Posted By: David Fritsche Industry,









Disgruntled applicants and residents have easy and unfiltered avenues to attack owners, management teams and employees on line; rarely do you receive and on line compliment.


Do you have remedies for false statements? Yes. Both under the common law (difficult and expensive to achieve, but effective) and contractual under the TAA Lease (less expensive and possibly easier to achieve).


Your common law claims are causes of action for defamation or business disparagement; both of these causes of action allow you to recover damages; more importantly, in a cause of action for defamation, you can seek an injunction to make the offender take down the offensive post.


Under the new TAA Lease, changes made to Paragraph 20 in October 2017 make a false or bad faith posting a violation of the lease for which you can evict the offender.




The common law recognizes a cause of action against a person who orally or in writing “defames” another; not only individuals, but businesses have a right to sue for false and disparaging statements made against them on line.


The Elements of Defamation:


The elements that must be established to obtain injunctive relief or damages for defamation are as follows:


  1. The tenant published a statement of fact;
  2. The statement referred to you;
  3. The statement was defamatory;
  4. The statement was false;
  5. With regard to the truth of the statement, the tenant was:
    1. Acting with actual malice;
    2. Negligent; or
    3. Liable without regard to fault (strict liability); and
  6. You suffered pecuniary injury.


Business Disparagement:


A related cause of action that is available to an owner is the common law claim of business disparagement; unfortunately, you are not entitled to seek an injunction for this common law claim.


The elements of a cause of action for business disparagement are:


  1. The tenant published disparaging words about your economic interests;
  2. The words were false;
  3. The tenant published the words with malice;
  4. The tenant published the words without privilege; and
  5. The publication of the words caused you special damages.


The Practical Issues:


The causes of action for defamation and business disparagement require you to file suit in district or county court; a claim of defamation allows you to seek injunctive relief to obtain a court order to prevent the disparagement and take down the post. Bringing suit for these causes of action is expensive and can be a lengthy process, but for egregious violations, you should consider with your counsel whether the circumstances merit a suit.


The TAA Lease:


Before October 2017, Paragraph 20(j) of the TAA Lease provided that it was a violation of the lease for a tenant, guest or occupant to:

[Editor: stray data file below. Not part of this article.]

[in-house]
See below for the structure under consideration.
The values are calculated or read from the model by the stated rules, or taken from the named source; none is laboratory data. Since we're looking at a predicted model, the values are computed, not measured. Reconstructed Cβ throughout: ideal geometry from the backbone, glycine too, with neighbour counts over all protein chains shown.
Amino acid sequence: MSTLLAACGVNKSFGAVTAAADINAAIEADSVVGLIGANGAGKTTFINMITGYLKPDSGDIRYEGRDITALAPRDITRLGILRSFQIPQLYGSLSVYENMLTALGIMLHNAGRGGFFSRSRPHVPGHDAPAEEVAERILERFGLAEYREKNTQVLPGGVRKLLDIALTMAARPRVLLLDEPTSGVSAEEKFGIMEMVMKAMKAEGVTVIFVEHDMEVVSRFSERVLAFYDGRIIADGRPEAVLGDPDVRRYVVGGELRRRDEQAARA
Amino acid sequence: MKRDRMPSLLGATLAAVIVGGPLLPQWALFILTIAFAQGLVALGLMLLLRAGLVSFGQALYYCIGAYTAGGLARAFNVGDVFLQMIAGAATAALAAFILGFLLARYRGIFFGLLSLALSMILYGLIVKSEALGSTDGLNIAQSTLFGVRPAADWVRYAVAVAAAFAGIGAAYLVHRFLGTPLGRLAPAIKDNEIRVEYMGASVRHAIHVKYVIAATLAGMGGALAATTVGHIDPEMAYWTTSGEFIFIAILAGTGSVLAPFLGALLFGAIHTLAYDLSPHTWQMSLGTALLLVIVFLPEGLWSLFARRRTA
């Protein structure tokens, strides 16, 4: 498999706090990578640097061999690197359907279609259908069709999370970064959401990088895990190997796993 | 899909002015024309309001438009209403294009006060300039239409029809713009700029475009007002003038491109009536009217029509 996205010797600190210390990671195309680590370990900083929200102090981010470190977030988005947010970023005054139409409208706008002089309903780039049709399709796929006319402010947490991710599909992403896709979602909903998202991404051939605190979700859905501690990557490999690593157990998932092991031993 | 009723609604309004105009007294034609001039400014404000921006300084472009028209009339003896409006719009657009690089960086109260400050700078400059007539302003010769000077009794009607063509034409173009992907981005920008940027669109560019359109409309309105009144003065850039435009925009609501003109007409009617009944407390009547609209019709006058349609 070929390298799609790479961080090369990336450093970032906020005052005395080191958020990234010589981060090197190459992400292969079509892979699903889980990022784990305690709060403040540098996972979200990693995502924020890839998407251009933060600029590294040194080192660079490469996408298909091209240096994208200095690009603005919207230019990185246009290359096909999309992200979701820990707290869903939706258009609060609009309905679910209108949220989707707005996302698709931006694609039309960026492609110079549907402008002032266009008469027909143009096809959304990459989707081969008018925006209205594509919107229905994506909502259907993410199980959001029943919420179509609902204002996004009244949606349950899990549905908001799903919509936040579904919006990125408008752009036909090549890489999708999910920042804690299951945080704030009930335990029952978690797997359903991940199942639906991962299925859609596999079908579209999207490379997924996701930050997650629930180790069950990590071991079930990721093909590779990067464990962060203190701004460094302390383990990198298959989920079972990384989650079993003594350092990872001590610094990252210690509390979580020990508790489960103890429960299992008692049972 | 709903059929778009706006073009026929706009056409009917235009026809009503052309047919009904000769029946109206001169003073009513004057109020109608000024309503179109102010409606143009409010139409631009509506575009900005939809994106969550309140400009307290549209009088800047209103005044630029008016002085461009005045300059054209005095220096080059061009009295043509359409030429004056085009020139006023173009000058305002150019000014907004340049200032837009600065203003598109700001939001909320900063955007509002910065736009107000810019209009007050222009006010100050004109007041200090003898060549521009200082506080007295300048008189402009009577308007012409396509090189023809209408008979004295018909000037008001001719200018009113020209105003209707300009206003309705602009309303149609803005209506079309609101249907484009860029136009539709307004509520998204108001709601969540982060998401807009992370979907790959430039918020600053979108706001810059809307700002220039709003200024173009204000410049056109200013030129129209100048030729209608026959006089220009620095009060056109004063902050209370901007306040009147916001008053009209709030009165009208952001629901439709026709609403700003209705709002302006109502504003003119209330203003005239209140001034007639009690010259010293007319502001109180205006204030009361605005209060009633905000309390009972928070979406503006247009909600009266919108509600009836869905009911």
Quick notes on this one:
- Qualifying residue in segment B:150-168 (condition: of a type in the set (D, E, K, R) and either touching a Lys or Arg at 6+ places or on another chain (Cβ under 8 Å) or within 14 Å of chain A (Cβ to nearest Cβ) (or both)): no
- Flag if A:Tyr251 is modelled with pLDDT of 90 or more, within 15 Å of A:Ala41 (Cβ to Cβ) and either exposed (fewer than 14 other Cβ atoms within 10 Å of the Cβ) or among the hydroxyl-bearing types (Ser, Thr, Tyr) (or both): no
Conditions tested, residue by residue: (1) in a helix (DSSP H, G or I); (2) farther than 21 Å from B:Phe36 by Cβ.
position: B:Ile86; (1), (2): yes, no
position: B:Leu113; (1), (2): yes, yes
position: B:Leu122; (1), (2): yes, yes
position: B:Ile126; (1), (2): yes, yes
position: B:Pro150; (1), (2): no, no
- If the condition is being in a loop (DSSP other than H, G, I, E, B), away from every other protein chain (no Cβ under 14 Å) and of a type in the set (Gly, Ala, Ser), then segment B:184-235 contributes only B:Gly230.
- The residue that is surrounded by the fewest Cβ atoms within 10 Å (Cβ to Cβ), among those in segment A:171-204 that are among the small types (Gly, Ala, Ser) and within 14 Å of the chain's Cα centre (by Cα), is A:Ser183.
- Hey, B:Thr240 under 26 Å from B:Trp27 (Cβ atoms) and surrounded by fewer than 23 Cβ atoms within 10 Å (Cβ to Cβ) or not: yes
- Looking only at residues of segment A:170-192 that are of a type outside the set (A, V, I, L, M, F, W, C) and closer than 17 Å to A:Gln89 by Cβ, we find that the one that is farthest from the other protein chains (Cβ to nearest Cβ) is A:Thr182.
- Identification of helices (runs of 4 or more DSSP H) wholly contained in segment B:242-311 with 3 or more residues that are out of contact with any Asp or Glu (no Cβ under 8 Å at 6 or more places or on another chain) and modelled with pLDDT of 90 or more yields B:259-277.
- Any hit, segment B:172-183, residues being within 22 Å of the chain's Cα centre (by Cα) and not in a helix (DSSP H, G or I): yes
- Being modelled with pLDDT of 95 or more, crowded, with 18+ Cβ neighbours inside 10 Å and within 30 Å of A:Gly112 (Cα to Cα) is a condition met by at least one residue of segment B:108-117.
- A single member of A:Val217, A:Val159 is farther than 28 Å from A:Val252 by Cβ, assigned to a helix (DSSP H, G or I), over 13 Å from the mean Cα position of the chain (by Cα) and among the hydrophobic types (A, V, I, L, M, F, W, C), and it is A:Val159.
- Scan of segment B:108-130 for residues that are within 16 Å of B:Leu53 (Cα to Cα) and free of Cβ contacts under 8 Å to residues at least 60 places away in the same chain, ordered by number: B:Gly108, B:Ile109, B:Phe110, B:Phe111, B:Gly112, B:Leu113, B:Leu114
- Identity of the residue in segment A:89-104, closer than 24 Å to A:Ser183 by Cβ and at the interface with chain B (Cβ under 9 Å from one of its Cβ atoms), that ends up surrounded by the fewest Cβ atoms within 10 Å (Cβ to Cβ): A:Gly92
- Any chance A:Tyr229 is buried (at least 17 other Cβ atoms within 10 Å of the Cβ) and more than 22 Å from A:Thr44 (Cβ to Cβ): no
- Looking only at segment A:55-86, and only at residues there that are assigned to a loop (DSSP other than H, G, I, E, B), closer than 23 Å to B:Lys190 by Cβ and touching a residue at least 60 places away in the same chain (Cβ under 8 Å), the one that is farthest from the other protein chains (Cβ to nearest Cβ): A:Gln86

“injure our reputation by making bad faith allegations about us to others.”


In October 2017, TAA made a major change to the language of 20(j) as follows:


injure our reputation by making bad faith or false allegations about us or our agents to others.”


Consequently, it is now a violation of the new 2017 TAA Lease for a tenant to:


“make a bad faith or false allegation against the owner or an agent to others.”


As an aside, I requested this revision to the Lease the Monday prior to the TAA Board meeting that voted on lease changes, as I lost an eviction appeal in Austin because a tenant made an unfounded police report that a manager sexually assaulted him; under paragraph 1 of the lease, “us” is defined as the owner, not representatives, managers or agents and at the end of trial, opposing counsel merely pointed out that under the old language of 20(j), the tenant’s claim against the manager was not a violation (as it was not made against the owner). TAA acted quickly to make the revision and now, as it is written, 20(j) can be used to evict a tenant who posts on social media a bad faith or false statement against the owner or member of the management team!


Consequently, when a bad faith or false statement is made against you on social media, consider:


  1. Issuing a Notice to Vacate for violation of 20(j); or
  2. If you don’t want to start with a Notice to Vacate, issuing a Notice of Lease Violation with a time deadline within which the tenant must take down the post or you will deliver a Notice to Vacate.


Before you issue a Notice to Vacate under 20(j) of the Lease, make certain your tenant is under the new 2017 Lease form (you could still try to evict under the old lease, but you have a higher and more difficult burden of proof). As with any Notice to Vacate for a non-rent violation under the lease, make certain that you have documented your file with screen shots of the violations and social media posts and make certain you properly complete and deliver the Notice to Vacate.


If you have any questions or concerns regarding whether a violation has occurred or whether you should pursue an eviction for a bad faith or false posting on social media, you should contact the counsel of your choice to discuss.



  1. David Fritsche is an attorney with The Law Offices of R. David Fritsche, General Counsel to the San Antonio Apartment Association, and engages in the practice of landlord/tenant law and civil litigation. He can be reached at (210) 227-2726, facsimile (210) 227-5550.